This is how I see it: It's never, ever in a million years going to wind up being just five bucks a week. After the union caves in and the stores are full again, the company will quietly say, "Oh, you know what? Turns out it's thirty bucks a week and eighty for families." Three months after that it'll double, and so on, but it'll be too late. The world will have moved on, and no one will have a prayer.

Now, a reasonable person might ask, "Why should a company have to pay for health care in the first place?" That's a fair discussion, and I guess any issue is on the table during negotiations, but the main thing to me is that, in this case, it had already been settled. They had given it to them years ago, and they just want to take it away because they think they can. The company is doing very well, and it's not right for them to precipitate the whole thing by saying, "Um, you know that thing you already have? We want it back."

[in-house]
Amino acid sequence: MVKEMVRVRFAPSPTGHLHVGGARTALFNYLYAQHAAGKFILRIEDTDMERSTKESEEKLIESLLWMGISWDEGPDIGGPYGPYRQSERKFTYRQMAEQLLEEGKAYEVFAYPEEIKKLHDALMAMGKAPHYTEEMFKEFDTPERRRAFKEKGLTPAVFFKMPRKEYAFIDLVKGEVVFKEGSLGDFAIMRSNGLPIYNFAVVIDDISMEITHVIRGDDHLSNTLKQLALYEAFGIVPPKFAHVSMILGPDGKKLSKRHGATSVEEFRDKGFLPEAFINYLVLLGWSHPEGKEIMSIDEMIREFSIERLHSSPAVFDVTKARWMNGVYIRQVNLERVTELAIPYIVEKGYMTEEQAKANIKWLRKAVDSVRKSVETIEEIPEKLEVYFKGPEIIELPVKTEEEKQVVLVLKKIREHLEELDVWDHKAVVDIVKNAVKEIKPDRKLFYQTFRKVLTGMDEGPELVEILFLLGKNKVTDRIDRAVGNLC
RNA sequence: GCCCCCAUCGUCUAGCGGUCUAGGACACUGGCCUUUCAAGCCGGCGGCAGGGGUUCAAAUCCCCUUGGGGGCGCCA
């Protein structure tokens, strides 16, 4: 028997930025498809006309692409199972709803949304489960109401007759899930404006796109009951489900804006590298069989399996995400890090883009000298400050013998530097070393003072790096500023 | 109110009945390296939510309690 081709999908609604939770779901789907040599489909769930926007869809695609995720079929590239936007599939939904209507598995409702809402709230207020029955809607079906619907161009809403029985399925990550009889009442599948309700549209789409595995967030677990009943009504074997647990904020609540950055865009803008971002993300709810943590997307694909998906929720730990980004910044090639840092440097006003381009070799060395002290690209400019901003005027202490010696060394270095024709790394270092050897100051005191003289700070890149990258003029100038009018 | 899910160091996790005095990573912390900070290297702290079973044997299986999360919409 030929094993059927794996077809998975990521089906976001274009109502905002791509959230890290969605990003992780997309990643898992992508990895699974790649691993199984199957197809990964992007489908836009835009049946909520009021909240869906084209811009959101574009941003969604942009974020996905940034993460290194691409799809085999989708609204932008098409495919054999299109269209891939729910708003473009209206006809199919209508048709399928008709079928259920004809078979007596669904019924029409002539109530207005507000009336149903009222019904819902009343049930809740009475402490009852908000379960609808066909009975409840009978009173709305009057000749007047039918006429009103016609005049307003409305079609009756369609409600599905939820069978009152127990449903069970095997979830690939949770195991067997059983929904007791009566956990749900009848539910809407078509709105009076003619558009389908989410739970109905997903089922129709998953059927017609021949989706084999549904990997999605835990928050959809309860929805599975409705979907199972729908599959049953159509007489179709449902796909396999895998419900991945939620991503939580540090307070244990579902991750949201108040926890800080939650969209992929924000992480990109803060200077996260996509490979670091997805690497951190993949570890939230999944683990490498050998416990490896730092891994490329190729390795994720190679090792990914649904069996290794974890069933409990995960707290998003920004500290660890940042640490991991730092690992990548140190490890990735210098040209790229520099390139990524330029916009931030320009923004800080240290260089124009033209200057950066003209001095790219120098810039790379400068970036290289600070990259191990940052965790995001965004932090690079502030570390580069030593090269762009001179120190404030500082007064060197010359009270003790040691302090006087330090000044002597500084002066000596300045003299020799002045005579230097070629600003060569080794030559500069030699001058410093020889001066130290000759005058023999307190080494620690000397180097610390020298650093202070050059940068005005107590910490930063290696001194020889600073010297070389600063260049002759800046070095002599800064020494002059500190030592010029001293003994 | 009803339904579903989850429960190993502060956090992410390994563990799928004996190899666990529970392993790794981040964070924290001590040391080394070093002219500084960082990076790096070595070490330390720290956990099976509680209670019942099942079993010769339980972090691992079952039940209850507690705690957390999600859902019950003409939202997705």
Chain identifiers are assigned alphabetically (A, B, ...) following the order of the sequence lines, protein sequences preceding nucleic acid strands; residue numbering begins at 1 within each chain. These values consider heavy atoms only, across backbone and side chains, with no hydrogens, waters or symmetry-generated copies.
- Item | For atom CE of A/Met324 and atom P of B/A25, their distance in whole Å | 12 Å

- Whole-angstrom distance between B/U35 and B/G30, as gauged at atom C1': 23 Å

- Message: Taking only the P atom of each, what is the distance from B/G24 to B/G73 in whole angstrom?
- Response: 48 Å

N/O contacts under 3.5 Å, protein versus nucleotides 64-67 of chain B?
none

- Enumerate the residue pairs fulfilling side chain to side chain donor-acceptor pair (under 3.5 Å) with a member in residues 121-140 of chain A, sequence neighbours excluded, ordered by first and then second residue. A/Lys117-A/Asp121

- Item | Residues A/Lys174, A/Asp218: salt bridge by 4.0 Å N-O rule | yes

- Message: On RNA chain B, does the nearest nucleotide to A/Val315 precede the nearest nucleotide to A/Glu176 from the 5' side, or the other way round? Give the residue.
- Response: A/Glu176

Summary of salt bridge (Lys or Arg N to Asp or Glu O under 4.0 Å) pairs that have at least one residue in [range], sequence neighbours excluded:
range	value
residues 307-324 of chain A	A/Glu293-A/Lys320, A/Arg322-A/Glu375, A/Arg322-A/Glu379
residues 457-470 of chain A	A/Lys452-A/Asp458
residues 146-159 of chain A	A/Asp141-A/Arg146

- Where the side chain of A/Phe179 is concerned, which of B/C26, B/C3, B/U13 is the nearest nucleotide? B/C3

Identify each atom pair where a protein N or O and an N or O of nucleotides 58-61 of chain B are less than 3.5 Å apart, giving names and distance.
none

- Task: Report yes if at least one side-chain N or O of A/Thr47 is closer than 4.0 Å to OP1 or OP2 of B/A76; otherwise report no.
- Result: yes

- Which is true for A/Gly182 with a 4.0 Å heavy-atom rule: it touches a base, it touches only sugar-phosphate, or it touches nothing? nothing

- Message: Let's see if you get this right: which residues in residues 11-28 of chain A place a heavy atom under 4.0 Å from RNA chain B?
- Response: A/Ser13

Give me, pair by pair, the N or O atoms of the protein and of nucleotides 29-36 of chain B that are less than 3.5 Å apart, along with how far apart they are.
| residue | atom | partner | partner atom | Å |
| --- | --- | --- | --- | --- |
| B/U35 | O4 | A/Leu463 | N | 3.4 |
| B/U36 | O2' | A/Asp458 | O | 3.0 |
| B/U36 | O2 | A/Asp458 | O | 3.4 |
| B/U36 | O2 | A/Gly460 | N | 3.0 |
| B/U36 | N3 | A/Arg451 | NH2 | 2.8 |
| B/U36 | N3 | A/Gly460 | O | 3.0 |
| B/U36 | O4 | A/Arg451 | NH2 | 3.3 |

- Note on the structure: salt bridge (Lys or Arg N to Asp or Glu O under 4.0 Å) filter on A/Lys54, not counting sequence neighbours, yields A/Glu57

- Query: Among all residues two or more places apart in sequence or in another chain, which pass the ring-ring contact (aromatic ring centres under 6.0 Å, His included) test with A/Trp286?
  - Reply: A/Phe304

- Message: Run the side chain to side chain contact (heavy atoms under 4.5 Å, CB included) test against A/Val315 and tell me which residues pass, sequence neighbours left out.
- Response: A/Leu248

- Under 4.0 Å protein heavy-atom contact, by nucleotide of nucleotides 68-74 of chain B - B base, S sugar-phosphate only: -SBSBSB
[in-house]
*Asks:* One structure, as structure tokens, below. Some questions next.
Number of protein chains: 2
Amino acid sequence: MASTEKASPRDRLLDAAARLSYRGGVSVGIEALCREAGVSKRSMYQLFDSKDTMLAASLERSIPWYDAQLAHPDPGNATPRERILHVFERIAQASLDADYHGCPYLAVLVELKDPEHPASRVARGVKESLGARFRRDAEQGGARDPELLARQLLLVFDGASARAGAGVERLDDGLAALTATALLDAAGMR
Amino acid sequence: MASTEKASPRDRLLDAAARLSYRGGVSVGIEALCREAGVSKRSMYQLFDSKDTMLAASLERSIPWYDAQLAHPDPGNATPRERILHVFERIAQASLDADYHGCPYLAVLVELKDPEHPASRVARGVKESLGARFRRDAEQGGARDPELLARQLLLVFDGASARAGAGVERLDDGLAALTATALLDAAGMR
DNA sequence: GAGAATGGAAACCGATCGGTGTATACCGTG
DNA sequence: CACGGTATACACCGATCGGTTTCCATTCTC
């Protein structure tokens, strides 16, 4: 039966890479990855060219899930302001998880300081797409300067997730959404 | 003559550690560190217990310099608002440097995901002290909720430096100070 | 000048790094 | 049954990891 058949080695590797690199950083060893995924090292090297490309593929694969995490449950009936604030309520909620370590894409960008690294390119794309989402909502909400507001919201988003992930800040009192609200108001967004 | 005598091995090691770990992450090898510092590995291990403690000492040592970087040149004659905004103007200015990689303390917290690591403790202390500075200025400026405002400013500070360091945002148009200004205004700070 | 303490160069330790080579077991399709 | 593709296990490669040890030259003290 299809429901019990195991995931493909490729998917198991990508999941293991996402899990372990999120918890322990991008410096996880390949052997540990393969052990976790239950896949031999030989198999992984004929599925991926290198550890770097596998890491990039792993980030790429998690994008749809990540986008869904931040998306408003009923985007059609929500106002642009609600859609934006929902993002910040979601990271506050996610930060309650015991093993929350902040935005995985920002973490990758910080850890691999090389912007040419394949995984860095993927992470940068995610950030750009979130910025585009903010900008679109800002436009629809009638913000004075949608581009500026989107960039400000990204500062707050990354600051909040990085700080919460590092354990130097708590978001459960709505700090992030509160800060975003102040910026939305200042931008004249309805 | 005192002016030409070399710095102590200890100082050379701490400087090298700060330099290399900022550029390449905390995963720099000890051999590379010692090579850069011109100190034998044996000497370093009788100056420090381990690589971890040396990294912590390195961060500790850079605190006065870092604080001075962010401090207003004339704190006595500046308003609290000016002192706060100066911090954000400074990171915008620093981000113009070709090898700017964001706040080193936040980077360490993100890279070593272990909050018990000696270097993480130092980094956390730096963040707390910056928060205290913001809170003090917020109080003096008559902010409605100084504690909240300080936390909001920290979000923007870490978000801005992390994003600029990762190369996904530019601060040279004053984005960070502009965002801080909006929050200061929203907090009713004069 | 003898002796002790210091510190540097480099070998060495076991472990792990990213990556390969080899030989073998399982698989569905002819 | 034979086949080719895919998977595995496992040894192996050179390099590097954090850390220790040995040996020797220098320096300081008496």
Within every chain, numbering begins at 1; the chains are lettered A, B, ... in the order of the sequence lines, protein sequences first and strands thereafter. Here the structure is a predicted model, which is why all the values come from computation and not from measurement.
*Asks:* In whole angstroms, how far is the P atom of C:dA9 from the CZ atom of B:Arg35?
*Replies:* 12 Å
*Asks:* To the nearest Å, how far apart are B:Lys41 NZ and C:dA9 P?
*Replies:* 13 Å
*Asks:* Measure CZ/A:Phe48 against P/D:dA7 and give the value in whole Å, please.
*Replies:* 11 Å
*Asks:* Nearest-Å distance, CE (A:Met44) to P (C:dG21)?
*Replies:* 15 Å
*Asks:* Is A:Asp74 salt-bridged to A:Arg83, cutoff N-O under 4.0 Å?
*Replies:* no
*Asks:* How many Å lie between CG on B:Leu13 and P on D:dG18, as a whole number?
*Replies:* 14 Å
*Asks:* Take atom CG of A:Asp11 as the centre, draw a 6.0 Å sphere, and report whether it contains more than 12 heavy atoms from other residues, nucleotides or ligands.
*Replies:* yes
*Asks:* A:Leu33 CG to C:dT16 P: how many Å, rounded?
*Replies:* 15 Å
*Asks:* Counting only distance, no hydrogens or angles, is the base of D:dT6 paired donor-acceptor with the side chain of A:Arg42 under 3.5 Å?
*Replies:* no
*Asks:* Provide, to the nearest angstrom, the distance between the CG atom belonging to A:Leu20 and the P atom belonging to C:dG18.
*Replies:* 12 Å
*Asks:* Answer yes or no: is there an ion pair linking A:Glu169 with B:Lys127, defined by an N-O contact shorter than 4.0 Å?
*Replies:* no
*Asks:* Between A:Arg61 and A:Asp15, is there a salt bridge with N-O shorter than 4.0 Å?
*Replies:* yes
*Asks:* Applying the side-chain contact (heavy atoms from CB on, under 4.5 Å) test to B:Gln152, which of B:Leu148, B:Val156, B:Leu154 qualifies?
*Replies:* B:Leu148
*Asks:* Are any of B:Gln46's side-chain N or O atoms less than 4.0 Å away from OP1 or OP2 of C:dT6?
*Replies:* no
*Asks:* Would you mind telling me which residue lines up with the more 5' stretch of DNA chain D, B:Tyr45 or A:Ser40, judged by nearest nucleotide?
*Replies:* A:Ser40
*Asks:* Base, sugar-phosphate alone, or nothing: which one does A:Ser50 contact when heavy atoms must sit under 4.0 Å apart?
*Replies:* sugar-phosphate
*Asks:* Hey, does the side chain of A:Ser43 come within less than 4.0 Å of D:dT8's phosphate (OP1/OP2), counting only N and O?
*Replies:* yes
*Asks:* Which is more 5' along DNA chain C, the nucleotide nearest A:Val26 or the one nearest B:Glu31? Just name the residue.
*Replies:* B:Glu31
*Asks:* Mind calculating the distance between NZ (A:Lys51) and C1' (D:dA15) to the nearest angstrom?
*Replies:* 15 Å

A reasonable person might also ask if the price of healthcare has remained stable since the chains agreed to pay for said healthcare "years ago." In point of fact, a reasonable person would already know damn well it hasn't. But that's not important to Larry Miller, because there's something so much more important than the solvency of the chain at stake here:
I've been in that Ralphs twice a week for the past ten years, and I know the people who work there. I knew when Mary got married and had her first kid. A nice guy with a mustache named Chris sometimes tells me a joke, and I laugh no matter what it is, and I forgot my wallet a couple of times and the manager smiled and said, "Oh, just bring it on your next visit." Audra recently got promoted. She exchanged some eggs for me once when they were cracked, and we've laughed many times about how easy it is to be forgetful at the end of the day. There's a cashier with the prettiest smile in the world, and I always look for her, and a slightly built lady who's a little disabled, and we chat every time as she bags, and she loves working there very, very much.